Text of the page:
Henry Stapleton, 9th baron Beaumont, went to Oxford at a time when the Catholic revival was taking place. This may have inspired manic building and rebuilding of the house, the finance for which came from selling large parts of the estate. He had a military career during the Zulu Wars and commanded the 20th Hussars. He married Violet Wooton Isaacson, but there were no children and he died from pneumonia in 1892. The correspondence of both Henry and Violet Stapleton is in the archive. Carlton transferred, on his death, to his brother Miles Stapleton, who married Mary Ethel Tempest, daughter and sole heiress of Charles Henry Tempest, only a year later. In 1895 he was killed in a shooting accident, leaving his daughter, Mona Josephine Tempest, as the sole heir to the Carlton estates of the Stapleton family and the Bolton estates of the Tempest family. As the barony could pass through the female line, Mona Josephine Tempest Stapleton became Baroness Beaumont in her own right and in 1914 she married Bernard Edward, 3rd Baron Howard of Glossop, and great grandson of the 13th Duke of Norfolk. Their eldest son, Miles Francis Stapleton Fitzalan Howard is 12th Baron Beaumont and 4th Lord Howard of Glossop and in 1975 he succeeded his cousin as 17th Duke of Norfolk. He is the current owner of the papers of the Stapleton, Errington and Tempest families (Robinson, Carlton Towers, p. 12).
The papers of the Stapleton family have arrived in the Brynmor Jones Library in five separate deposits, the first two of a considerable size and the final three being small deposits. DDCA arrived in 1977, DDCA(2) in 1978 and DDCA(3) in two separate instalments in 1981 and 1985. DDCA(4) also arrived in 1981 and was separately catalogued to give it coherence as the papers of the Tempest family.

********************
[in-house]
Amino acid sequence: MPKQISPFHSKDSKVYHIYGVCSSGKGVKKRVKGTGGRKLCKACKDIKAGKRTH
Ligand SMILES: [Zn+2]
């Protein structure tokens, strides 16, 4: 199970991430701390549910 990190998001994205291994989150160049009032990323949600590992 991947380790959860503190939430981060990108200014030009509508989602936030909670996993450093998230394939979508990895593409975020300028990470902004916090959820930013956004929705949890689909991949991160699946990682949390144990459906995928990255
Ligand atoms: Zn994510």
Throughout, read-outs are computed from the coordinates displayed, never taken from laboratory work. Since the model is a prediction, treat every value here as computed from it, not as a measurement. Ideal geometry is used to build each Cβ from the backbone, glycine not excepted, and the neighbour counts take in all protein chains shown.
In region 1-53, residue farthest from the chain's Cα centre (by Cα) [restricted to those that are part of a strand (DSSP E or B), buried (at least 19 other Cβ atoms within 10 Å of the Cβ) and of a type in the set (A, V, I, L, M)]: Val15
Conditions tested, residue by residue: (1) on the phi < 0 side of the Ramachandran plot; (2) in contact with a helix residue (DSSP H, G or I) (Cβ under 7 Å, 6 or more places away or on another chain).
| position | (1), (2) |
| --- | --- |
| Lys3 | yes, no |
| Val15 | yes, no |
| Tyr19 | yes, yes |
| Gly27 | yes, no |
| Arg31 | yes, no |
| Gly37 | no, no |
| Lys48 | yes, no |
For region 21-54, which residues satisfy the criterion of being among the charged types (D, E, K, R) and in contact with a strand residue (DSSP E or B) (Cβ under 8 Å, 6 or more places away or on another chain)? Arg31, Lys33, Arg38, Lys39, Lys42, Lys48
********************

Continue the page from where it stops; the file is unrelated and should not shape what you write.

DDCA contains largely title deeds and other documents relating to the estates of the Stapleton family, especially in Carlton and Drax in the West Riding of Yorkshire, in Aiskew and Bedale in the North Riding and Berwick on the Hill and Pontiland in Northumberland (the latter came from the Errington family). The deposit also contains a small number of family papers and a portfolio of Norman charters which includes the oldest document in the Brynmor Jones Library and a number of deeds relating to monastic houses in Normandy (further details below).
The estate papers are divided into counties as follows: Yorkshire, West Riding: Askham Bryan (1583-1811); Burn (1666-1841); Camblesforth (1554-1776); Carlton (1557-1892) including the marriage settlement of Richard Lowther and Elizabeth Lambe (1639), the enclosure bill and award of 1808, lease books and estate appointments of the eighteenth century and an 1873 'birdseye view' of Carlton Towers as remodelled by Pugin; Drax (1487-1839) including an abstract of the title of the Nelson family 1337-1654 and a list of members of this family, the Drax enclosure act of 1773 and the marriage settlements of Christopher Helmsley and Elizabeth Wright (1601), John Nelson and Frances Rainbow (1631), Philip Twistleton and Anne Brograve (1648); Eggbrough (1644); Hirst Courtney (1652-1799); Quosquo (1626-1784); Selby (1667-1852) including a copy of the 'Coucher Book of Selby' of 1667 and a prospectus of the Selby Mechanics' Institute of 1852; Temple Hurst (1630-1689). Yorkshire, North Riding: Aiskew (1589-1786); Bedale (1596-1842) including a 1653 order to remove obstructions to forfeited estates, 1786 plans and field books of the parish and an 1842 cropping book; Burrill with Cowling (1673-1822); Ellingtons (1556-1674).
Northumberland: Berwick on the Hill (1611-1744) including a 1611 and 1613 manor court roll and title deeds of the Errington family; East and West Mason (1663-1686); Little Callerton (1721,1740); Pontiland (1595-1775) largely comprising Errington family material. Other counties: Flintshire (1639); one rent roll for Drimnagh (1704-1711); Middlesex (1659, 1752); Nottinghamshire (1538); Yorkshire, East Riding (1796, 1801); various townships (1586-1848) including material relating to John Twistleton of Drax in the 17th century, the Errington family and an original bundle of material about the building of railway lines over Lord Beaumont's land in the 1840s.